Girls with systemic lupus erythematous (SLE) who are at possibility for preeclampsia might perhaps well salvage pleasure from successfully timed therapy with low-dose aspirin and most definitely hydroxychloroquine, in step with German researchers.
In a capacity, valid-world look of 190 pregnancies in 148 women (moderate age, ~30 years), the use of low-dose aspirin beginning across the 16th week of gestation became linked with a lower possibility for preeclampsia than became no aspirin use (adjusted odds ratio [aOR], 0.21; P < .05).
The use of hydroxychloroquine starting in the first trimester had a “moderating effect,” said Isabell Haase, MD, a senior clinician scientist in the Department of Rheumatology at Hiller-Research Unit, Düsseldorf, Germany. Although this was not a statistically significant effect (aOR, 0.47; P = .21), the association strengthened if only high-risk pregnancies were considered (aOR, 0.28; P = .075).
“I think this once more shows us that counseling and risk assessment in our lupus patients is very important to find out those with the highest risk and treat them as good as possible,” Haase said. She was speaking at the 14th International Congress on Systemic Lupus Erythematosus and 6th International Congress on Controversies in Rheumatology and Autoimmunity (LUPUS & CORA 2021).
Preeclampsia and Lupus
“Women with SLE face a high risk of preeclampsia because of their autoimmune disease,” Haase explained. “This [risk] can be further increased if a woman carries additional risk factors, like hypertension or lupus nephritis.”
Low-dose aspirin is known to protect against the development of preeclampsia in women without autoimmune disease if started before the 16th gestational week of pregnancy, Haase added. That is why it’s recommended by both the American College of Rheumatology and the European Alliance of Associations for Rheumatology.
“For hydroxychloroquine, we only have some small studies and its mechanism of action that lead us to the idea that it could also have a beneficial effect on preeclampsia in lupus patients,” she said.
Study Design and Results
The aim of the study was to see in a real-world cohort whether there was any beneficial effect of either aspirin or hydroxychloroquine regarding the development of preeclampsia.
The researchers used prospectively collected data from pregnancies seen at an outpatient pregnancy clinic during 1995–2019. They used multiple logistic regression to determine whether there was any effect of four treatments on the development of preeclampsia: aspirin (n = 39 patients) or hydroxychloroquine (n = 39) alone, in combination (n = 43), or neither drug (n = 69).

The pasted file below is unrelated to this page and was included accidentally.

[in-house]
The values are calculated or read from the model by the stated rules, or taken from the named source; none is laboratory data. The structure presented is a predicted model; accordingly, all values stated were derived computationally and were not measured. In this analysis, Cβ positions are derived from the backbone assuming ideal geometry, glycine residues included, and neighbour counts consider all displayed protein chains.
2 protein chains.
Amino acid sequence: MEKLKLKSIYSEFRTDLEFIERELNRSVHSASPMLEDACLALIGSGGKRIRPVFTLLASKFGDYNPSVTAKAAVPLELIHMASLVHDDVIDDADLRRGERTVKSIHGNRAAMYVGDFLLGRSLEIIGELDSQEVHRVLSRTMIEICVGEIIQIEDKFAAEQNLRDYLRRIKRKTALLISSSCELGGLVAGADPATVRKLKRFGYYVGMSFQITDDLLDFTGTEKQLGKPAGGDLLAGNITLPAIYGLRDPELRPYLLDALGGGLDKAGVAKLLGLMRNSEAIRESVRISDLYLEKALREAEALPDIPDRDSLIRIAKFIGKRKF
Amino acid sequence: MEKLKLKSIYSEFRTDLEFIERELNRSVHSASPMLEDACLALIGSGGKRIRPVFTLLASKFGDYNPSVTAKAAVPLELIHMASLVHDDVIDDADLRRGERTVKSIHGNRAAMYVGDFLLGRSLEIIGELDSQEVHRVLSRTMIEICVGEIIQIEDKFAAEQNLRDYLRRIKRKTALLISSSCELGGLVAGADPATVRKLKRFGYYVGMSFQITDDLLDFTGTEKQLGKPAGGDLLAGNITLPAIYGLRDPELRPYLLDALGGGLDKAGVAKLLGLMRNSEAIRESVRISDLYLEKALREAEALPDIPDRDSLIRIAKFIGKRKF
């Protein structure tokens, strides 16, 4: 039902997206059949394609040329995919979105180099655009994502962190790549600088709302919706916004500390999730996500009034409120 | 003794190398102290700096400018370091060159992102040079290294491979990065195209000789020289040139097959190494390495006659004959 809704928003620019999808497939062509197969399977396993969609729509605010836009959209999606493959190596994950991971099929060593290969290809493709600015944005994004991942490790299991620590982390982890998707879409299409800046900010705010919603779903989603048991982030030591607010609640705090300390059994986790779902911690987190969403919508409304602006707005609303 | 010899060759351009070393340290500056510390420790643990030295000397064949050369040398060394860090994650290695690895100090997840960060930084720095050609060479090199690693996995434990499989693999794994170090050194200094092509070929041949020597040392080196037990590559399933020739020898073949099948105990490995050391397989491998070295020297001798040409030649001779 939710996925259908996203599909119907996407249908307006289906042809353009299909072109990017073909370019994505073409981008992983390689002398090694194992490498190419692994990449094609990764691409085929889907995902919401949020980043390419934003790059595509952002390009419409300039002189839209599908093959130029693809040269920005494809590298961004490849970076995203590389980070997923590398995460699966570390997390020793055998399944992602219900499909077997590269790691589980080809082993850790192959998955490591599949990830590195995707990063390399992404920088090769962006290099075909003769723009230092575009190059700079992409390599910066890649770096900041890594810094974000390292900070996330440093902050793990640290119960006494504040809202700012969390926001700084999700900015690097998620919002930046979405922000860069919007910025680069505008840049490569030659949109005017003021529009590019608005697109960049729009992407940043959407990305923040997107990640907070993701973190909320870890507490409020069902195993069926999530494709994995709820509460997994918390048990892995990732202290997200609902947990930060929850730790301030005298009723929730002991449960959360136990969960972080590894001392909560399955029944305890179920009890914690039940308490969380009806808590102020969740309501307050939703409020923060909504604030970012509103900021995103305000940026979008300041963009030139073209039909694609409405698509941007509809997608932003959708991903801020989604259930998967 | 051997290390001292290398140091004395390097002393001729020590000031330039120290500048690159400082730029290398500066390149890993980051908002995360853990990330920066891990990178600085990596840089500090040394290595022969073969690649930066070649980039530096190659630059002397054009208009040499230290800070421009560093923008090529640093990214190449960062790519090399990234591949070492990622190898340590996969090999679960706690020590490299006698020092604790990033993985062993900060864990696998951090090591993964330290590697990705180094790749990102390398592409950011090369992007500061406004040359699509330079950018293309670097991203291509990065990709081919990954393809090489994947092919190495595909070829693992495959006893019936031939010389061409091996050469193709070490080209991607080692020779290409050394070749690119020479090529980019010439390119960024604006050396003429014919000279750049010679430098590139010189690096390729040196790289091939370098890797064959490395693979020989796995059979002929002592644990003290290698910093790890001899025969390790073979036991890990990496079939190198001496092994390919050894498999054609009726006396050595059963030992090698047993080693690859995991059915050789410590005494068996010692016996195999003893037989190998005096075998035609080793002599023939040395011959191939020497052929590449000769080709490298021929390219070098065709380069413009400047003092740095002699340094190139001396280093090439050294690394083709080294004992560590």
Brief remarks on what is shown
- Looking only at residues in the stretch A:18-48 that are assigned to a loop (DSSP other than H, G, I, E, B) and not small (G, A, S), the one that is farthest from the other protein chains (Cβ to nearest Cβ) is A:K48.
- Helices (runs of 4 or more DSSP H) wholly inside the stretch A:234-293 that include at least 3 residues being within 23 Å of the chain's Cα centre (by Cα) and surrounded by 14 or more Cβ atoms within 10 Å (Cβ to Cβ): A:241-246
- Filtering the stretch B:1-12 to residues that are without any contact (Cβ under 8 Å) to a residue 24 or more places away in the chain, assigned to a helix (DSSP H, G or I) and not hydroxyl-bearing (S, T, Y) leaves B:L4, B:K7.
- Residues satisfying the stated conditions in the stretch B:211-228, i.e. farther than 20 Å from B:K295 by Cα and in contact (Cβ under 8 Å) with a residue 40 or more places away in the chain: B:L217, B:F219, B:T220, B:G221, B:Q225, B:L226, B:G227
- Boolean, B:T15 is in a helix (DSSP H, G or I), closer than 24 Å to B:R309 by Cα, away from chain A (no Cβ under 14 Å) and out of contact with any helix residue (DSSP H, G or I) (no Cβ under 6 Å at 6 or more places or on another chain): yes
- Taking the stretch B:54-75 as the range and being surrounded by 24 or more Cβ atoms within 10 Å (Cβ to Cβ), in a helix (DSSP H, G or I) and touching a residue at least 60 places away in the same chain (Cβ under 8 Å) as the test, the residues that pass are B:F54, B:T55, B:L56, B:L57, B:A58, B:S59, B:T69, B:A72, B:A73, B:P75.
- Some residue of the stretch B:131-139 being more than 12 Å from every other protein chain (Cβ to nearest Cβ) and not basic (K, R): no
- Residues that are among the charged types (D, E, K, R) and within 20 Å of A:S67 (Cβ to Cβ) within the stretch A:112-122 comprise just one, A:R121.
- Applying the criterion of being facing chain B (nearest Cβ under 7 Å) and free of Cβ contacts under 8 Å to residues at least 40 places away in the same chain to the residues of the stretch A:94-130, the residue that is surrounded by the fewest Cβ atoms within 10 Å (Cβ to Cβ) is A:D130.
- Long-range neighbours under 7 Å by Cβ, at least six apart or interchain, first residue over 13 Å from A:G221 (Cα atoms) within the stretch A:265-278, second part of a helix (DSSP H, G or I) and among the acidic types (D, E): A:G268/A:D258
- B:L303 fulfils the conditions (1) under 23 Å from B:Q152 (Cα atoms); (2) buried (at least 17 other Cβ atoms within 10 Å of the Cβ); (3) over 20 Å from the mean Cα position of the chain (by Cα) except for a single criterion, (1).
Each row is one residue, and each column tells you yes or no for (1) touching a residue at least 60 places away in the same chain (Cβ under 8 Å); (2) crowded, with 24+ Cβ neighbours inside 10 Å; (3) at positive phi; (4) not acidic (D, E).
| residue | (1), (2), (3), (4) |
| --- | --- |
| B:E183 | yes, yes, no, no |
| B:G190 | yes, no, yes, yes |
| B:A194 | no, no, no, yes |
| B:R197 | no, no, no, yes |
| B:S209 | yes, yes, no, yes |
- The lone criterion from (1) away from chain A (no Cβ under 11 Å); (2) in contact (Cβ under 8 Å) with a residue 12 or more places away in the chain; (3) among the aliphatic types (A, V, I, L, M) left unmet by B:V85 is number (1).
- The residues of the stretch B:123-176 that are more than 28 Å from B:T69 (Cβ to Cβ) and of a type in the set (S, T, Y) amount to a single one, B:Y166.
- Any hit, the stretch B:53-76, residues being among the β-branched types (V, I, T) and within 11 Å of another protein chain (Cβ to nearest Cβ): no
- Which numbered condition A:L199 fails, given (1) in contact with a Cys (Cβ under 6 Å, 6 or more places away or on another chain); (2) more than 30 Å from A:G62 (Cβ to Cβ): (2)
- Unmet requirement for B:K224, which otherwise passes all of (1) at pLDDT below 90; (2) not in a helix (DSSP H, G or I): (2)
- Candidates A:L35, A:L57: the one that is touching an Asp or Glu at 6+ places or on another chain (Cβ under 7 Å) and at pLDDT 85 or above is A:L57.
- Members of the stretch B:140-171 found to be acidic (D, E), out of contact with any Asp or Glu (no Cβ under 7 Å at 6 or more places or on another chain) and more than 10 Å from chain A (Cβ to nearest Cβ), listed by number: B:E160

Overall, 56% of the women had significant risk factors for preeclampsia, including a prior history, multifetal gestation, chronic hypertension, lupus nephritis, or antiphospholipid antibodies (aPL). A further 28% had moderate risk factors, including not having had children, a body mass index (BMI) >30 kg/m2, and being older than 35 years.
The total price of preeclampsia in the look inhabitants became 13.2%, “which is in step with other studies in lupus pregnancies,” Haase acknowledged. Rates in each and every of the four therapy groups were 15.4% with aspirin by myself, 7.7% with hydroxychloroquine by myself, 14% with each and every capsules, and 14.5% with neither.
The percentages of increasing preeclampsia were lower with each and every aspirin and hydroxychloroquine. Components that raised the percentages were excessive illness exercise in the critical trimester (aOR, 4.55), a BMI of >30 kg/m2 (aOR, 6.14), having excessive-possibility aPL or antiphospholipid syndrome (aOR, 8.02), and a historical previous of preeclampsia (aOR, 9.78).
Most attention-grabbing excessive illness exercise in the critical trimester and BMI >30 kg/m2 remained self sustaining predictors of preeclampsia when the researchers regarded as ideal excessive-possibility pregnancies (aOR, 7.74 for excessive illness exercise in first trimester and 10.04 for a excessive BMI).
The consequences are “actually spectacular,” acknowledged Angela Tincani, MD, senior consultant at the Rheumatology and Clinical Immunology Unit of ASST–Spedali Civili di Brescia, in Italy.
Tincani noticed that the look had covered a “big variety of years” (1995–2020).
“I feel that our perspective in having a peek after lupus patients [changed] for the interval of this time,” she acknowledged.
“For event, I feel that we potentially use less corticosteroids now than in the 90s,” she acknowledged.
When asked whether or no longer changes in practices have influenced the findings, she acknowledged, “It is doubtless you’ll maybe maybe compare that the prescription of the many medications has modified plenty. We also realizing that we’ve to take be aware of the years as a confounder, but we have not statistically analyzed that, but it completely’s positively one thing that we are going to compose next.”
The look bought no out of doors funding. Haase has bought saunter fees from AbbVie, Celgene, Chugai, Janssen-Cilag, Eli Lilly, and Medac. Tincani has disclosed no relevant financial relationships.
14th International Congress on Systemic Lupus Erythematosus (LUPUS 2021) and the sixth International Congress on Controversies in Rheumatology and Autoimmunity (CORA). Oral Presentation. October 9, 2021.
Sara Freeman is a UK-essentially essentially based fully clinical journalist who specializes in clinical convention reporting and protest material for web sites. Command her on Twitter @Sara_MedWriter.